It's experiences like those of Luminetik that will enable AMD to grow its share of the market, says Marty Seyer, corporate VP and general manager of AMD's microprocessor business unit. "We want to be able to provide half the world's [processor] needs," he says. "That's a statement of direction, not a prediction."To achieve those goals, AMD would have to significantly expand its manufacturing capabilities. But for the foreseeable future, Seyer says, the company has enough capacity in place.

AMD's processor production is completed at its Fab 30 plant in Dresden, Germany, where it runs a 90-nanometer manufacturing process on 200-millimeter wafers. Also in Dresden, AMD in March completed its first test wafers at its new Fab 36 plant, which is expected to begin volume production next year using a 65-nanometer manufacturing process on 300-millimeters wafers. AMD also provided its production technology and processes to Taiwan Semiconductor Manufacturing Co., so it can provide AMD with additional capacity if needed.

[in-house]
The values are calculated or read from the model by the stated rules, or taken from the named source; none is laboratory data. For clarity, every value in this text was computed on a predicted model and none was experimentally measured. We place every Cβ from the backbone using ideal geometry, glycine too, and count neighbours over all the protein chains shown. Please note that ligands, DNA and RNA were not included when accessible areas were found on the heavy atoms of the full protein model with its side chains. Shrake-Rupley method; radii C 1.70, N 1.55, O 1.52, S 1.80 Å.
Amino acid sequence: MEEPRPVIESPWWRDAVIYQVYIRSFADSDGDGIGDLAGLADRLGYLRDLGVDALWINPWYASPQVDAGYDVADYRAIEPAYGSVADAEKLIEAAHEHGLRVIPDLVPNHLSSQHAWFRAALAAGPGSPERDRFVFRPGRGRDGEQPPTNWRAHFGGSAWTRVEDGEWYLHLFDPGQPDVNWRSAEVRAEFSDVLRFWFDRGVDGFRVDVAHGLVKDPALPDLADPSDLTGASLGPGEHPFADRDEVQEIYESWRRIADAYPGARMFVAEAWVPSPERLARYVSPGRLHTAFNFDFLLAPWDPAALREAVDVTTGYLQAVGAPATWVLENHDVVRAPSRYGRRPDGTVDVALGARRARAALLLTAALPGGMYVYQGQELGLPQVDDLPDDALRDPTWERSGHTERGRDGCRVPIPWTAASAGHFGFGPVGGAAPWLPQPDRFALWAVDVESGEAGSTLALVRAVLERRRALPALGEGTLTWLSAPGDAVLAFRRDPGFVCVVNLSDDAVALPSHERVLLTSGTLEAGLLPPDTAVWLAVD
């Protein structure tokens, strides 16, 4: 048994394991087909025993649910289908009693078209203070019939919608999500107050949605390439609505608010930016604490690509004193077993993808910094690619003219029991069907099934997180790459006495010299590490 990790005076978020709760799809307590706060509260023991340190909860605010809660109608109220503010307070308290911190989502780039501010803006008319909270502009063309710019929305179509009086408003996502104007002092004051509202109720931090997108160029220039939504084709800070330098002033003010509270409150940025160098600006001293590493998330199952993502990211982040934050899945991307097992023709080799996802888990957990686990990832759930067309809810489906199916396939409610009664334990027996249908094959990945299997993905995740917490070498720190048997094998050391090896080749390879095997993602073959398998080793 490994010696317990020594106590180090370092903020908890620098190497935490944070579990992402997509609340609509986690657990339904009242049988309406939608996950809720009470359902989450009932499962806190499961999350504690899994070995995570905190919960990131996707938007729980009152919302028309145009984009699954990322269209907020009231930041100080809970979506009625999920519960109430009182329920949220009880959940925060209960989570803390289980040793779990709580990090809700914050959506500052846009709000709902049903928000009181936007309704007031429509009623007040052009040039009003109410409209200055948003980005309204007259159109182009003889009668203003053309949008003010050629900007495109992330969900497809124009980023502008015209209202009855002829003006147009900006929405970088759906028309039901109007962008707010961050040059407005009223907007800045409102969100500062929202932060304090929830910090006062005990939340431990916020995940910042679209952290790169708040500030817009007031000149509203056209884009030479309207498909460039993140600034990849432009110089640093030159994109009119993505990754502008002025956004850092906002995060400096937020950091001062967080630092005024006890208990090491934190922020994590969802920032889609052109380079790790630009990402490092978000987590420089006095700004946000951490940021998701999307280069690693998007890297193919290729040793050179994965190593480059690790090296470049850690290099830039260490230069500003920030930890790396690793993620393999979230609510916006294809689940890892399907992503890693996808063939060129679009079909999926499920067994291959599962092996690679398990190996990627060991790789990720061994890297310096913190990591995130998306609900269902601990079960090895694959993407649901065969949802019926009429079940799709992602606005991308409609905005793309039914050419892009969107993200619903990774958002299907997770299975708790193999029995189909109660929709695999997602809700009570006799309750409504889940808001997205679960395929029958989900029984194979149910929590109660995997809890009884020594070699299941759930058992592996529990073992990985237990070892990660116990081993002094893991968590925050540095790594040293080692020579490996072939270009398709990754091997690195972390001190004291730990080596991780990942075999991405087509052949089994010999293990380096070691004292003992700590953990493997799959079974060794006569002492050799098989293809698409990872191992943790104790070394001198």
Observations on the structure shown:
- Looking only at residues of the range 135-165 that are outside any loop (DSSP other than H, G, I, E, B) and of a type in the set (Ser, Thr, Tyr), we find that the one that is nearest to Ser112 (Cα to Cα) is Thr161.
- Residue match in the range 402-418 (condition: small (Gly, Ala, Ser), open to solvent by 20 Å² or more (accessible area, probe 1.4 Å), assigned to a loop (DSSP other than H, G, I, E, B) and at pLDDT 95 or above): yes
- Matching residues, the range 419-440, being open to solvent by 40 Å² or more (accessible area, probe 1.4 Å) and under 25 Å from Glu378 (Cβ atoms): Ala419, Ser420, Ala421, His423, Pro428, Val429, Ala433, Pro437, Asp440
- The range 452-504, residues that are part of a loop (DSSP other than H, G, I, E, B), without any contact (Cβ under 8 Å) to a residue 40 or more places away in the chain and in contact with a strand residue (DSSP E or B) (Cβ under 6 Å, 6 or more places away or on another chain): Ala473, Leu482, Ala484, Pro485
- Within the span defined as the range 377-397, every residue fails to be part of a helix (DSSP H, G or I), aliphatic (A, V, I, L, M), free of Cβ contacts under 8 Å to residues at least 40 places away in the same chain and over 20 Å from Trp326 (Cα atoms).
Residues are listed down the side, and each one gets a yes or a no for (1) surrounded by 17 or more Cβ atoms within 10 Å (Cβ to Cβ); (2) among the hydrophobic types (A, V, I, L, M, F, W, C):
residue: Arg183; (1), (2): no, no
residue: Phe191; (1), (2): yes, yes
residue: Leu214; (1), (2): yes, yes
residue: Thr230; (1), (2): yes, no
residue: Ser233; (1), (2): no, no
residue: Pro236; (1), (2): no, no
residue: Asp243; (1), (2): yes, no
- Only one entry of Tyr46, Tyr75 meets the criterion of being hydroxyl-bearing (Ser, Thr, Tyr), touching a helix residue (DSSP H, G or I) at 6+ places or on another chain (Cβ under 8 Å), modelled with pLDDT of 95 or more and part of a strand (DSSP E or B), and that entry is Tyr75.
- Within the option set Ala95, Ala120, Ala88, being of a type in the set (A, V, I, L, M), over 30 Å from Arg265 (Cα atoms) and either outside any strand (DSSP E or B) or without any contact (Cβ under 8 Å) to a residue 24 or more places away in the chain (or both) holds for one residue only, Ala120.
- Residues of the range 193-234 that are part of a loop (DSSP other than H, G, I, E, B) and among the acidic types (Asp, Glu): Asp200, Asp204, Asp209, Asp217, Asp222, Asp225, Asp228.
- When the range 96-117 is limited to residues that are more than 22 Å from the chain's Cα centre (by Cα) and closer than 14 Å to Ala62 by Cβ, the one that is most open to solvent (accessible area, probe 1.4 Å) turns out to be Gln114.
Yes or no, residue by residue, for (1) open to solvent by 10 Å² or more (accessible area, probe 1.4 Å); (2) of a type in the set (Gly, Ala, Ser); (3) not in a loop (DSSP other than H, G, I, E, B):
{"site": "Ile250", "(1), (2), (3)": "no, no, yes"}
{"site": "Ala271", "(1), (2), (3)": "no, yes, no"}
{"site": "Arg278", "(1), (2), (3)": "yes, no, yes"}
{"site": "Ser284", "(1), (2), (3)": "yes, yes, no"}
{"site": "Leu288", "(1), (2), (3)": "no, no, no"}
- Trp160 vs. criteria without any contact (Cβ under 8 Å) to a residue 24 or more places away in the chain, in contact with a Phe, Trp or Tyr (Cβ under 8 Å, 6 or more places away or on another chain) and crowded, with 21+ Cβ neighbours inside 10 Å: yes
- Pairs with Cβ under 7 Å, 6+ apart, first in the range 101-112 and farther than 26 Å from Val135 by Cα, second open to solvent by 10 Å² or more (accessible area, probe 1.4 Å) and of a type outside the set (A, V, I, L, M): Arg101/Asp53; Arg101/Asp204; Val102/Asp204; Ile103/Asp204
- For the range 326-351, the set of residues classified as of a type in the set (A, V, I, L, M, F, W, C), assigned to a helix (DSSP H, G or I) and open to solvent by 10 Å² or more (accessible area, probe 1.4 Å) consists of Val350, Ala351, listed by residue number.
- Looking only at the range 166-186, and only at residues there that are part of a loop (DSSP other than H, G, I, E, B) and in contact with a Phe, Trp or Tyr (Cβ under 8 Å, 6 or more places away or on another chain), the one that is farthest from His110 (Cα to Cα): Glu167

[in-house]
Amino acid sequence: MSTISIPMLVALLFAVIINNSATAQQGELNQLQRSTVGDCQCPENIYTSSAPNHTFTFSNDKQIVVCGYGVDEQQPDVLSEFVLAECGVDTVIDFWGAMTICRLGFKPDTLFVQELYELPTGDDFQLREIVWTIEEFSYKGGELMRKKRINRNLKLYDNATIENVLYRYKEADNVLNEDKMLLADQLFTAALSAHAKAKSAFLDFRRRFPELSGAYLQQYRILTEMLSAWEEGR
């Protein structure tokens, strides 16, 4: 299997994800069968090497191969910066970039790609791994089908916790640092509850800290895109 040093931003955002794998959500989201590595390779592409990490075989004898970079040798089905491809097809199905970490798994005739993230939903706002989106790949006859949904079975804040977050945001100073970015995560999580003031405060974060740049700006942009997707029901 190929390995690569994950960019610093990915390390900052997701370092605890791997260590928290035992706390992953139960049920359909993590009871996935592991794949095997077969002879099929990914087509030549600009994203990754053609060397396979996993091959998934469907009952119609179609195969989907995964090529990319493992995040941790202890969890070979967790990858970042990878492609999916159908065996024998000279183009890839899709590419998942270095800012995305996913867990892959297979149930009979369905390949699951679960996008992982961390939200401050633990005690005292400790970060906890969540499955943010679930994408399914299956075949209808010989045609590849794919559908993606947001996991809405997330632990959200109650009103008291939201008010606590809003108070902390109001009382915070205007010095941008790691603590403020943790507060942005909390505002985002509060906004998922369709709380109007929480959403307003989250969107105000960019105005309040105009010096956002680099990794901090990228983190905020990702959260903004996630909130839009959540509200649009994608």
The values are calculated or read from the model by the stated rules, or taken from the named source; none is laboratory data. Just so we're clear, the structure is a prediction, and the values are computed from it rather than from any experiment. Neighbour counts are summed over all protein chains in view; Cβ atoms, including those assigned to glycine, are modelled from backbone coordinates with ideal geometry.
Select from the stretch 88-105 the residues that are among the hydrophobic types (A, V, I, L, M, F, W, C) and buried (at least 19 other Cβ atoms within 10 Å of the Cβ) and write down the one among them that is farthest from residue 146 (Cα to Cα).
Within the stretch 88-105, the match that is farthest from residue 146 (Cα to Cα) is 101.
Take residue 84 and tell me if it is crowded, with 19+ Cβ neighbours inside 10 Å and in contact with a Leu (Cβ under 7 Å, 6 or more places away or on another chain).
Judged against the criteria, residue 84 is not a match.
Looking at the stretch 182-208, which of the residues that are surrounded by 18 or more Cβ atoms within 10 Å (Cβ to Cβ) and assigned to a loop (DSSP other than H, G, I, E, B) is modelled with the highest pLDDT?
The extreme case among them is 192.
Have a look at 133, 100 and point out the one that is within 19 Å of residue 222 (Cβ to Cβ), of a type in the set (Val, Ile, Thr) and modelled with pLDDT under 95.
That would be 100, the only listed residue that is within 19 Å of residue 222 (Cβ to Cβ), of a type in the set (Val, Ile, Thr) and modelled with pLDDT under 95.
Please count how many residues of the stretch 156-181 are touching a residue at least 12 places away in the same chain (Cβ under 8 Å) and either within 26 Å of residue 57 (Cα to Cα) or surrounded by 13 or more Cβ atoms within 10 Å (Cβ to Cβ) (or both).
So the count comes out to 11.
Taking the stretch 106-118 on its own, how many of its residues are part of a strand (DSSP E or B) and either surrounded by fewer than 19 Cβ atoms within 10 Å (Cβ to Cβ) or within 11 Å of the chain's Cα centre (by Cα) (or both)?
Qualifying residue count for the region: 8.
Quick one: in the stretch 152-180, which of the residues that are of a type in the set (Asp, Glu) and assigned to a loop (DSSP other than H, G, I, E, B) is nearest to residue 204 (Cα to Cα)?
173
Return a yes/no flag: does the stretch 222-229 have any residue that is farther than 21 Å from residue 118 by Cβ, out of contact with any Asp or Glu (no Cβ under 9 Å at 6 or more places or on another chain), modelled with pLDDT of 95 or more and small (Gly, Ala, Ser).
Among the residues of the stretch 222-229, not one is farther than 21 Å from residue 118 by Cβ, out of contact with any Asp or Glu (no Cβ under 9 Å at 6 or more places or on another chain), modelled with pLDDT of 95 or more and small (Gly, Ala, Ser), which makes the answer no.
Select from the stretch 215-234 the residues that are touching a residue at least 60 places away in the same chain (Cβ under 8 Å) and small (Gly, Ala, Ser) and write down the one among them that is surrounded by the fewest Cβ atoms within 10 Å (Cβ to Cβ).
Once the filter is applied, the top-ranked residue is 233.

"If you look at the technologies we've been bringing to the x86 market, they're really not new to the processor industry," Seyer says. "But I think what we've been able to do that's fundamentally different from our competition is look at the high end of the processor market, make a determination of what technology can make a difference in the volume space, and migrate those technologies with the least amount of disruption."

Stay informed! Sign up to get expert advice and insight delivered direct to your inbox

You May Also Like

More Insights